Celebrating World Oral Health Day with a shiny new set (of data!)

Everyone knows when Pancake Day is, right? But do you know 20th of March is World Oral Health Day?

Nearly 100 health conditions, like diabetes, cancer and HIV have symptoms that show up in the mouth. Oral health is an often-overlooked indicator of our health. It is a window to our health and provides us with valuable clues about our overall health and wellbeing.

The Public Health Intelligence Team had just published the JSNA suite of products, with interactive information on health outcomes, health behaviours, clinical care, social and economic factors, and physical environment. BUT there was a big “molar-sized” gap, there was nothing covered in terms of oral health or NHS dental treatment. In fact, a quick search on Essex Open Data will tell you that there has been nothing published, on the topics of oral or dental health (YET).

So, our team set out to do Essex County Council’s first ever Oral Health Needs Assessment!

We looked at the needs assessments published by other local authorities, latest research and came up with a plan. We wanted to present a well-rounded picture of oral health needs in Essex, and tackled this from several angles. We explored:

  • Prevalence of some common oral health problems like dental decay, and gum disease
  • Research on several oral health inequalities
  • How oral health impacts wider health and wellbeing
  • Resident’s experiences to get an understanding of access to oral health services in Essex, barriers people face and identify any potential gaps in service provision.

We found the districts which had high burden of dental decay in children and adults, and interviews with our residents helped us identify some common barriers in accessing dental services in Essex. Risk factors for several non-communicable diseases like smoking, alcohol consumption, diet rich in sugars are also risk factors for oral diseases.

These are being addressed in various ways by ECC and partners, so creating programmes which prevent a large number of health conditions is a better use of financial resources and more effective to improve overall wellbeing.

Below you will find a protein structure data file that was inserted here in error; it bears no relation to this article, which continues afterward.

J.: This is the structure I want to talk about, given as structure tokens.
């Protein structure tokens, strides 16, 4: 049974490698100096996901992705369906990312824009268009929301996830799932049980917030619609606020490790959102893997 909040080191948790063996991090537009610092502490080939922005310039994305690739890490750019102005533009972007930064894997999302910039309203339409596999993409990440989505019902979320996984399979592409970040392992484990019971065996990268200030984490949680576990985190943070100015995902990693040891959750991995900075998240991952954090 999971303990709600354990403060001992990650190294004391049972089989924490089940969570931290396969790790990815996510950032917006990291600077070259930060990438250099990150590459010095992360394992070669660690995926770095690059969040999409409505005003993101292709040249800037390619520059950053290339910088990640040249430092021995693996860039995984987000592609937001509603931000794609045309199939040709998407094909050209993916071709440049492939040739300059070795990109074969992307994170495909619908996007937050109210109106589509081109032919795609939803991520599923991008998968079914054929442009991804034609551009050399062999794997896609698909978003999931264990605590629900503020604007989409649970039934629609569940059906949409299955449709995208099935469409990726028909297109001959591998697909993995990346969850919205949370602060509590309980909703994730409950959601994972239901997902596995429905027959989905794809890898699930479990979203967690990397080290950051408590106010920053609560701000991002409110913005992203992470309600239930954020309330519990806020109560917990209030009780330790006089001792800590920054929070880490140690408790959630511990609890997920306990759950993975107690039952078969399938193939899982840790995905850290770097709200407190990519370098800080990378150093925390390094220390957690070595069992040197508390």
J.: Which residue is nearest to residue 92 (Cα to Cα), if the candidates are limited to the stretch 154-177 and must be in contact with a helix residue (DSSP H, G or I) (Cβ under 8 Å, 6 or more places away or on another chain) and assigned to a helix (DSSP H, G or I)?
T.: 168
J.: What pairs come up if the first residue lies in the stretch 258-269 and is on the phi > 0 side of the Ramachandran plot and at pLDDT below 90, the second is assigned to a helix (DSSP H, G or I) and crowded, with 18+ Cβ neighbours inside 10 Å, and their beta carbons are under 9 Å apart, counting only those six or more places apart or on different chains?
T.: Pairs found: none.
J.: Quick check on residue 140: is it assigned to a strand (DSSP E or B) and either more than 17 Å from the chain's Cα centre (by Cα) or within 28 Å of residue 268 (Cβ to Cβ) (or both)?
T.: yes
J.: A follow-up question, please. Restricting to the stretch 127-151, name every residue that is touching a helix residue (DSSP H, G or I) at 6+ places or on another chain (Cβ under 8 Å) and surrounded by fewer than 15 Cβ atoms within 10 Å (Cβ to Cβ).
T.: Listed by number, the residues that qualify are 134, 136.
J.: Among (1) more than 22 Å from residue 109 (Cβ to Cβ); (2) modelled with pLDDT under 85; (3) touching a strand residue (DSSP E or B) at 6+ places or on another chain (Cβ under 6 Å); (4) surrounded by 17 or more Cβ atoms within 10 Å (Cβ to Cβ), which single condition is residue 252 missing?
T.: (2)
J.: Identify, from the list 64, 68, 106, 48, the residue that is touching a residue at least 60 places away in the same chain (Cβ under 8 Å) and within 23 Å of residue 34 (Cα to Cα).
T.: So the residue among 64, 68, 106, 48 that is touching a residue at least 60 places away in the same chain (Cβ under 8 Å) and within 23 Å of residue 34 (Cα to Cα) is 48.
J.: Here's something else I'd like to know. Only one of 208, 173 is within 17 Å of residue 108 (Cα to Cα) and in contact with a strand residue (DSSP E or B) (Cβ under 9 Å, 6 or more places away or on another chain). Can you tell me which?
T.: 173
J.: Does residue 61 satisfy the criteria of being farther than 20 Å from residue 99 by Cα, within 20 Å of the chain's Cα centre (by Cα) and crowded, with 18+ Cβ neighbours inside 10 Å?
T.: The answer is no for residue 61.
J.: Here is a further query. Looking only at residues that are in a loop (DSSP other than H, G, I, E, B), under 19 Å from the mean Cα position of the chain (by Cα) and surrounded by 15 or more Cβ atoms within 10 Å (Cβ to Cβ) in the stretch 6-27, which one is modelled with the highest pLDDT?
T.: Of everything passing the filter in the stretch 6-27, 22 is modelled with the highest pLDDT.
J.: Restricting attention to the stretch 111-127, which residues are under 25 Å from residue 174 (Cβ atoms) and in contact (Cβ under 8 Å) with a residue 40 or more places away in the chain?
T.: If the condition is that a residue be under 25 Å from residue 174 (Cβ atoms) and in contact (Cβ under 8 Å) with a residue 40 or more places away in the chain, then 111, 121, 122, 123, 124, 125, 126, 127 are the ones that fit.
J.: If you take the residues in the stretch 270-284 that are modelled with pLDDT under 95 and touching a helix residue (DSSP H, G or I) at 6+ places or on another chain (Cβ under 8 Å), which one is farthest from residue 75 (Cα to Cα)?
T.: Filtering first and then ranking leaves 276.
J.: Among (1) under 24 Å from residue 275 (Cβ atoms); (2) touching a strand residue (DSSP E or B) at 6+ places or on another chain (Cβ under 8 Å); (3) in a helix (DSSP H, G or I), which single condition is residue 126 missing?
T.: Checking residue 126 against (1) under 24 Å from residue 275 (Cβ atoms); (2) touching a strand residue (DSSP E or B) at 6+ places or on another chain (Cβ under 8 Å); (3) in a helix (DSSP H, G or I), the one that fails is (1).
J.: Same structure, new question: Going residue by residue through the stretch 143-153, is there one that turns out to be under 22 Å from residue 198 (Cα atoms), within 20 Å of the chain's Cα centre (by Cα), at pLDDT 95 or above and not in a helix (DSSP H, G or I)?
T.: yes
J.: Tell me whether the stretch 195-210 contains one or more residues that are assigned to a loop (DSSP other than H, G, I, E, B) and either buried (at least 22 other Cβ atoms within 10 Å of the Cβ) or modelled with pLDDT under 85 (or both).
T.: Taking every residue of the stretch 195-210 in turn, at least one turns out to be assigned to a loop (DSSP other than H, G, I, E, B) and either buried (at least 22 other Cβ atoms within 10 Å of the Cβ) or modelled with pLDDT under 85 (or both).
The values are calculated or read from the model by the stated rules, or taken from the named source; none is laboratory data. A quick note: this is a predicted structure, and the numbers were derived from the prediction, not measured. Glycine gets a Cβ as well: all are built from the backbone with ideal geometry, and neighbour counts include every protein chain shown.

Our findings could not have come at a more ideal time!

We were circulating our findings to key stakeholders when it was shared with Suffolk and North East Essex ICB. They had short term funding for a supervised toothbrushing programme and invited our team to present our key findings to their dental taskforce. This led to ECC being given a grant to roll out a supervised toothbrushing for early years settings in Colchester and Tendring. We further supported this programme by calculating dental decay rates using small area statistics, to drill down on settings which will have the best benefit from our programme.

As a team we are quite proud of the real impact that this piece of work has created. In fact, it also led to our team members to think more about their personal dental care and even inspired one of our team members to get braces! Talk about wins!

Talking about preventing oral health problems is even more important in the current cost of living crisis. There is a lot of focus on heating and energy bills (as it rightly needs), but no one is talking about the alarming impact it can have on your teeth.

During our recent resident’s research exploring cost of living challenges, a couple of participants also told us they were putting off dentistry work they needed as they couldn’t afford it. Additionally, research by Oral Health Foundation has shown that 1 in 4 adults in the UK are cutting back on oral hygiene products. Parents are having less money to spend on their child’s teeth, which if left unchecked can lead to several problems down the line.

So, on this International World Oral Health Day, I urge you all to think if you can embed a component of oral health in your programmes. Together let’s make a big deal about oral health.

The full Oral Health Needs Assessment is now live on Essex Open data.

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